- The ‘J-laying’ pipe laying mechanism is positioned perpendicularly; that enables it to control the curve of the pipe as it is lowered into the required depths of the water and provides the J-shaped curve.
- There is also the technology when the entire pipeline is installed using buoys and tugs; once the pipeline is built and the desired spot reached the buoys are removed and pipeline submerges.
Platform Supply Vessel (PSV)
Probably the most popular type of offshore vessels. Platform Supply Vessels (PSV) are used to deliver stores, necessary equipment and drilling consumables from shore bases to the drilling platform.
PSV are designed to have bridge structures in the front and vast cargo areas on the deck. There are also double-hull tanks for liquid cargo (drill mud, methanol, chemicals) and dry cargo that are transported in the special tank on the aft open deck.
Typical PSV ranges from 50 to 100 m in length; it usually spends about 25% of its operational time loading, most of the time (about 40%) sailing to rig or platform at 14 -16 knots and the rest of the operational time is occupied by discharging often in drastic conditions. That is why Platform Supply Vessels are equipped with DP1 or DP2 systems.
PSV jobs are versatile and paid differently depending on the vessel and conditions. The number of crew members can reach 36 seamen.
Similar to other industries, offshore vessels switch to a green propulsion. The Viking Energy has become the first LNG-fuelled PSV in the world. She was built in Gdańsk (Poland) and later towed to Kleven Verft (Ulsteinvik, Norway) for outfitting.
PSV Viking Energy is not only big (the overall length of is almost 95 m), but a very safe vessel. There is a special reservoir reminiscent of “thermos flask” in the middle of the vessel that guards the LNG fuel against insidious North seas.
ROV Support Vessels
Today ROV Support Vessels are the highly sophisticated offshore ships equipped for various ROV operations. A remotely operated vehicle (ROV) is an unmanned underwater vehicle connected to the ship through wires and computer-controlled. ROVs are used for hydrographic researches, underwater inspections (hulls, pipelines, etc.), marine archeology and a lot more.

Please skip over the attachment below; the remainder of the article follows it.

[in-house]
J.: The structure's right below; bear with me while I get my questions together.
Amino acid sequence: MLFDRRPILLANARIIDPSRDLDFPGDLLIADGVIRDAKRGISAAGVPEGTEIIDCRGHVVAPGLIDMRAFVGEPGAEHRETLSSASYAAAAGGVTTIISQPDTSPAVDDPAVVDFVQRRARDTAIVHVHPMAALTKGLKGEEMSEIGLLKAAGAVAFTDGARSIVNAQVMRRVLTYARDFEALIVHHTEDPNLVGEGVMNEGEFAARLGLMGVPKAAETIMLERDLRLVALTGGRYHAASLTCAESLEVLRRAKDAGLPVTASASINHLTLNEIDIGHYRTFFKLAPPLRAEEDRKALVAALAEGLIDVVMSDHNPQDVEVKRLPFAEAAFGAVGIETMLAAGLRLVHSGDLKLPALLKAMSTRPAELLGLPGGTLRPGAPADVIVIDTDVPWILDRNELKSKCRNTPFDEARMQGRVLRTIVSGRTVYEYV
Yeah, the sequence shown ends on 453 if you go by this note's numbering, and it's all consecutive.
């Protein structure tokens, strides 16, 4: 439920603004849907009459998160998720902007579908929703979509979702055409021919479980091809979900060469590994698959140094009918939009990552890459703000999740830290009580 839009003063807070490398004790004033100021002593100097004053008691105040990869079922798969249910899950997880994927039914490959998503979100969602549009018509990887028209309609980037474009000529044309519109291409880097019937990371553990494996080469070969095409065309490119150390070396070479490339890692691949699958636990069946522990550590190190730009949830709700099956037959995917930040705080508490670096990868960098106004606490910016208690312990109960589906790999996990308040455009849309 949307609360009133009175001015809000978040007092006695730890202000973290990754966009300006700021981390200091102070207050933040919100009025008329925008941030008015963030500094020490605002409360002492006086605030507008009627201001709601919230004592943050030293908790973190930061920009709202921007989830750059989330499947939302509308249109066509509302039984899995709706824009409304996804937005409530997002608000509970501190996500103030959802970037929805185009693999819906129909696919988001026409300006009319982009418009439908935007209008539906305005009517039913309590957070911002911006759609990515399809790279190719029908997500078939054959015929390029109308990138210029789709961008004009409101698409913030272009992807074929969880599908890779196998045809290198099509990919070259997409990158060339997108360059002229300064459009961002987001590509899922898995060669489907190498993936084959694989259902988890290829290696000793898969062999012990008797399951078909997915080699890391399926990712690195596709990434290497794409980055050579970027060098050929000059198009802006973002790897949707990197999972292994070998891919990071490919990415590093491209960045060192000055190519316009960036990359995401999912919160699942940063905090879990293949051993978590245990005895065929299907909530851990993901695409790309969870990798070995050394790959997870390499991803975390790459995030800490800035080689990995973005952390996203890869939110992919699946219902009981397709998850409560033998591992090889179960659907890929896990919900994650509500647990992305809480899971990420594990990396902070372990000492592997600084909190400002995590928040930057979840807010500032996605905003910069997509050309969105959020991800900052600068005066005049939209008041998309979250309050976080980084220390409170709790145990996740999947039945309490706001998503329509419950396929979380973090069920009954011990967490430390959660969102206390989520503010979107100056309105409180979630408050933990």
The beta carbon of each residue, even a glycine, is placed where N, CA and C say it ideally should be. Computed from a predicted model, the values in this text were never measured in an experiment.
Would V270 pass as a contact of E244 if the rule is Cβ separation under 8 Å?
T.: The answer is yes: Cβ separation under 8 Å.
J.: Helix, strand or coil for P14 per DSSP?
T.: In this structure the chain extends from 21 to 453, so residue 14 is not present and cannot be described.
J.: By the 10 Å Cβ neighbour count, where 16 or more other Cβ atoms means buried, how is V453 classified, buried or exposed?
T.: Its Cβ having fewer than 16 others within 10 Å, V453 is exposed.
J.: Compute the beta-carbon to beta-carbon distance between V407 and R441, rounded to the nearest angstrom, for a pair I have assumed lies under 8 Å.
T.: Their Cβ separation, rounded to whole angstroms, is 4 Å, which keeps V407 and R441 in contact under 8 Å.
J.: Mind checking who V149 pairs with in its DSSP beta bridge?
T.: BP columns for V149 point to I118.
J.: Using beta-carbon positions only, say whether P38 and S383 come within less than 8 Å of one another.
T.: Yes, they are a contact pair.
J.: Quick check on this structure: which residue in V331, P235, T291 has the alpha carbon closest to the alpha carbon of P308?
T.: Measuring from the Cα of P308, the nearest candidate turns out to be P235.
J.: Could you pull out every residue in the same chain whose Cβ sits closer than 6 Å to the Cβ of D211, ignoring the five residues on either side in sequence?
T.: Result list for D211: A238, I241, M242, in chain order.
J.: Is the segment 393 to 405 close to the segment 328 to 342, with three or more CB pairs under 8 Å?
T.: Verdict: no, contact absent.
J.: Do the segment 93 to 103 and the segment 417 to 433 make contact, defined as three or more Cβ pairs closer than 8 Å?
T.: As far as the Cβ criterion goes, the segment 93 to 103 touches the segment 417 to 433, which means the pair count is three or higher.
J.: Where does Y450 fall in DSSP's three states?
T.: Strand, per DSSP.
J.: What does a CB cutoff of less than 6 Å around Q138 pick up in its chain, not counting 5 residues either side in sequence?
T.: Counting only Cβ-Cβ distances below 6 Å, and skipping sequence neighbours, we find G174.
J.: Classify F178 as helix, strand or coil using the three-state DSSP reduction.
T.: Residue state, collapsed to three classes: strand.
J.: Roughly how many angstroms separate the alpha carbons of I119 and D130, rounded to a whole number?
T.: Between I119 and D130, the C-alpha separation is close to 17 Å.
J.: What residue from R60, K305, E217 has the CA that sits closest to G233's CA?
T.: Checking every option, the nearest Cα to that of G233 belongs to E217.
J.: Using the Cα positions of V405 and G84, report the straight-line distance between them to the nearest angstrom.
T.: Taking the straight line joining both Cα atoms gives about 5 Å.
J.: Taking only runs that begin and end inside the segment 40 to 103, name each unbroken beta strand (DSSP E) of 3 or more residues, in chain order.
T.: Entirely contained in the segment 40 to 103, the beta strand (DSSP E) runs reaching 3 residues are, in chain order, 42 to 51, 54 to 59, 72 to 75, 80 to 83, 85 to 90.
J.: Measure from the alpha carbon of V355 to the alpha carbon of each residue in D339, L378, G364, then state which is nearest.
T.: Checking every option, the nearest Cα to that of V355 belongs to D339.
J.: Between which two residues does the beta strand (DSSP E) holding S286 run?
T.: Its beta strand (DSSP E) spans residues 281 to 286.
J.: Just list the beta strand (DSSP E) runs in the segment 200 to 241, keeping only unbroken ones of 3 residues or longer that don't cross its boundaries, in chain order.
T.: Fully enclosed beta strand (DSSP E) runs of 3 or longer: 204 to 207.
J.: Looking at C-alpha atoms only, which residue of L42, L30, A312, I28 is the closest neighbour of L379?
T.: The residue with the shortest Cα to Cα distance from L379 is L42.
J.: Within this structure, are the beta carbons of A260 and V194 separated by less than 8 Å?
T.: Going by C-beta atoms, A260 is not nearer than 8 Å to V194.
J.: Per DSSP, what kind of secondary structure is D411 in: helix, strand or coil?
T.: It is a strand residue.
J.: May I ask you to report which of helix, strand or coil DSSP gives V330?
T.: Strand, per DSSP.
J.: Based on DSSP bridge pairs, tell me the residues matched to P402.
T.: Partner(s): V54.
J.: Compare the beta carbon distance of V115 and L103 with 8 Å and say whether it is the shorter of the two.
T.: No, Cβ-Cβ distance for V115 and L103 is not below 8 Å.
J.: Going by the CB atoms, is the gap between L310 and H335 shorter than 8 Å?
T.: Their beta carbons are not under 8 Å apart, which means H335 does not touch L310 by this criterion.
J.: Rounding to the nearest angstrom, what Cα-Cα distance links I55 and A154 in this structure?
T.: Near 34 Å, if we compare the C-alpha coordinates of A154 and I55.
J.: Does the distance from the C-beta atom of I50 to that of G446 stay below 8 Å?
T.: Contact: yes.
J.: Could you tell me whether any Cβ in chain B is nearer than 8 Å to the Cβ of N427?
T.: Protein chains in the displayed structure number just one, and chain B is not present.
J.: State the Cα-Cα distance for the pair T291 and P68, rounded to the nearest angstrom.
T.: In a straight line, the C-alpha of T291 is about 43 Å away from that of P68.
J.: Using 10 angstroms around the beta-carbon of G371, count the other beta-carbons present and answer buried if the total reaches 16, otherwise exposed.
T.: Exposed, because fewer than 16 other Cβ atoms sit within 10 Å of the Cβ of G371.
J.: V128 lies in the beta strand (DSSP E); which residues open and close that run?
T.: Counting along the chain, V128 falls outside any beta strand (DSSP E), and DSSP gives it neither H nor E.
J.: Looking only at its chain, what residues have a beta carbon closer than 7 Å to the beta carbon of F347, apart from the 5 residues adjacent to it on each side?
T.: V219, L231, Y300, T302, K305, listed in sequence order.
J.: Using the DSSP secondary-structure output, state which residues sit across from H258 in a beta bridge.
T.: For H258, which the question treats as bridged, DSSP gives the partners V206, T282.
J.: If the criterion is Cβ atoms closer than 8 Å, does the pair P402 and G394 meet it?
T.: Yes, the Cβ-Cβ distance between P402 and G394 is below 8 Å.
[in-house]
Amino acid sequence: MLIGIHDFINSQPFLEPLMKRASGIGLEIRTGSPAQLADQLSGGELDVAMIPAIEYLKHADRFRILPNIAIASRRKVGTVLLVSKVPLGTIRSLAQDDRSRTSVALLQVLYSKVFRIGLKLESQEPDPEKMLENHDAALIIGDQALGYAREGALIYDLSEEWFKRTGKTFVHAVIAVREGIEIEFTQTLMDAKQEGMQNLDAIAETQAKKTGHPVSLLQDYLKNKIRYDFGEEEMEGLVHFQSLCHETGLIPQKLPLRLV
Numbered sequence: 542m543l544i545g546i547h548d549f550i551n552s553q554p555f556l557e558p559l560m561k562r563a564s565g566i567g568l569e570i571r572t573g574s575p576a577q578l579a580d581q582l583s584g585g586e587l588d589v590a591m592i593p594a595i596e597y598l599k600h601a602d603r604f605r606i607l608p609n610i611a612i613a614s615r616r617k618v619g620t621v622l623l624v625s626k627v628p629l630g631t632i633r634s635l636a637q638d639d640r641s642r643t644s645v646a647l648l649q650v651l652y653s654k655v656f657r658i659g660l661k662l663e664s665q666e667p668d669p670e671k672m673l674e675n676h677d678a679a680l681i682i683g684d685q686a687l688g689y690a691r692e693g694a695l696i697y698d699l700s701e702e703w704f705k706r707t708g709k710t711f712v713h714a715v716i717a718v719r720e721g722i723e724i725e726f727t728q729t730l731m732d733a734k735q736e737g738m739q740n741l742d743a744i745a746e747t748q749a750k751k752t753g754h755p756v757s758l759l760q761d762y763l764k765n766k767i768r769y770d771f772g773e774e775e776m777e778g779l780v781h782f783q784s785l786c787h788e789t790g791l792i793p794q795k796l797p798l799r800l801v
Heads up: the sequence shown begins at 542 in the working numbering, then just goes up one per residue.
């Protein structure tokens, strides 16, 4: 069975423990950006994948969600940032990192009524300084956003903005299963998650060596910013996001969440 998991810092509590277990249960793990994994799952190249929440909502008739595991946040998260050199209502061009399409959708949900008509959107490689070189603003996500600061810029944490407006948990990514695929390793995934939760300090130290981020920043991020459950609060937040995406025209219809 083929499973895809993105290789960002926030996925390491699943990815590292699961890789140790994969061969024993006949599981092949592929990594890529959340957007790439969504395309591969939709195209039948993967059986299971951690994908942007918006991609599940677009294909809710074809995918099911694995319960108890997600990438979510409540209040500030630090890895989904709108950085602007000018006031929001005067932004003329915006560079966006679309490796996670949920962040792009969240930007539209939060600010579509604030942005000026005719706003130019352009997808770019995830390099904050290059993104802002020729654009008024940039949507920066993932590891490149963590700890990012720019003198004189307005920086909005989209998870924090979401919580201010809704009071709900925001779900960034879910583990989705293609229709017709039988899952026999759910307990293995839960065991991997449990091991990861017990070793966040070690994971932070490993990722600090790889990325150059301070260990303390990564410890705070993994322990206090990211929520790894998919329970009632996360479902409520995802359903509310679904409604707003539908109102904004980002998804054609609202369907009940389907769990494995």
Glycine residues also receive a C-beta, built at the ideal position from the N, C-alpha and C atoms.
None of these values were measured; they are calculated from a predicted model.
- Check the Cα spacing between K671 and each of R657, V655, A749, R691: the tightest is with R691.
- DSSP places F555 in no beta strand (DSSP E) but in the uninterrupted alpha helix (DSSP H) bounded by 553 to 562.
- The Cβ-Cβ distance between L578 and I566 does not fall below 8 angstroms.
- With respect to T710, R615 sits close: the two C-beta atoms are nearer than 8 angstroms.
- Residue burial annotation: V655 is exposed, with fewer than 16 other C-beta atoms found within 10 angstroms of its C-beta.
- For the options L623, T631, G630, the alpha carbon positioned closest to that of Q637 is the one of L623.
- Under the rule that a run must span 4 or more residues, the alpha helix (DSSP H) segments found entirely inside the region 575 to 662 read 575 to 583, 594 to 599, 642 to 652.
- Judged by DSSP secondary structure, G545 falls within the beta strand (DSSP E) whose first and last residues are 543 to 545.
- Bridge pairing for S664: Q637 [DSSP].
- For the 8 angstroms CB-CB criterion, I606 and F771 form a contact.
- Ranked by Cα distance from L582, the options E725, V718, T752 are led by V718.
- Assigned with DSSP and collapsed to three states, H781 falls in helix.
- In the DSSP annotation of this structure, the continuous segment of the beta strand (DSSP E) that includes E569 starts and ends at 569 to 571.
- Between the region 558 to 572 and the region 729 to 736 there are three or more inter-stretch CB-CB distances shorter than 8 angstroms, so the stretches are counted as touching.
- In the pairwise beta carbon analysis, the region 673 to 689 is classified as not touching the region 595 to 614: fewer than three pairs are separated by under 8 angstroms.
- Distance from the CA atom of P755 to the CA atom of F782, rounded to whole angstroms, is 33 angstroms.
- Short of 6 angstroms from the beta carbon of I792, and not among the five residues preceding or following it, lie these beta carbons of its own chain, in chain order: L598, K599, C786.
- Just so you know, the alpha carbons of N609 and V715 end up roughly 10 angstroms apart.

Therefore, ROV Support vessels usually are fitted with more advanced DP systems, thrusters and reference systems to ensure redundancy and full control over ROV operations.
Incidentally, the first ROV, the machine called Poodle, was created back in 1953 by Dimitri Rebikoff, but it wasn’t until the US Navy started to use remotely operated vehicles for the recovery of the lost sunken torpedos that the ROV technology had gained a wide acknowledgement.
Seismic Vessels or Survey Ships
Offshore vessels dedicated for geological research.These ships are equipped with special transmitters which fire sound waves into the bottom of the sea. The echo of the shot is captured and analyzed by the special buoys/ hydrophones towed behind the vessel.
The deck is usually crammed with winches and storage reels. Another special feature of survey vessels is minimal propeller noize and precise station keeping to avoid interference with the survey equipment.
Seismic vessels are used in oil and gas exploration as well as a wide range of scientific research. Incidentally, the first research vessel is Capt. Cook’s HM Bark Endeavour which departed from Plymouth in August 1768 for its terra incognita expedition to Australia and New Zealand. The goal of the expedition was to reach Tahiti in time to observe the transit of Venus across the Sun in 1769.
This was an incredibly important observation as capturing transit of Venus across the Sun from different spots of the planet used to be the only way of measuring the distance between the Sun and Earth at that time.
By the way, this particular Cook’s expedition has been a game changer for all seafarers because Cook has decided to use the time of the sail to prove that citrus fruit and vegetables are able to prevent scurvy. Naturally, he was successful, so fruits and vegetables have been included into the diet of seafarers on all vessels since that time. By the way, it had been normal to lose half of the crew to scurvy in long sailings before HM Bark Endeavour’s voyage.
Seismic vessels have developed significantly since that memorable expedition. Today the most dedicated ones don’t even look like a conventional vessel. Meet Ramforms from PGS Company. They are specially designed for marine research with GeoStreamer technology that improves data from sensors and special back deck construction.
Shuttle Tanker is a specialized tanker used for oil transportation from the oilfield to the refinery. The technology was first used in 1970s in the North Sea as an alternative to pipeline, but the development of the Dynamic Positioning and further retreating of oil exploration to the sea made Shuttle Tankers the real game changers in 2011 when Petrobras introduced them into their Cascade and Chinook fields operations.
Wind Farm Installation Vessels (WIV)
WIV are robust offshore vessels constructed for transportation and installation of wind turbines. As the majority of offshore vessels, they prove to be very complex structures. For instance, they have to be big enough to carry offshore foundations, manoeuvrable to squeeze through offshore wind farms and possess constructional capabilities to install wind foundations in any weather.
The world’s largest wind farm installation vessel is about to be delivered to Jan De Nul Group. The Voltaire will be 181.78 m long (incl. helideck) and have 60 m in beam. It’s deadweight will reach 21,500 t and the Huisman crane has a max lifting capacity of 3000 t.
The vessel is assigned for the construction of the 3.6GW Dogger Bank Wind Farm. The project is situated 130 km off the Yorkshire coast and is a joint venture between SSE Renewables and Equinor. Once completed in 2023 Dogger Bank will be able to supply 5% of the UK electricity needs.
Author: Filip Drozda
Filip is a maritime professional. He has been working in the shipping industry for 25 years. Mr. Drozda is an expert in crewing for dry cargo and offshore vessels; has a strong technical background, speaks Polish, English and Russian languages.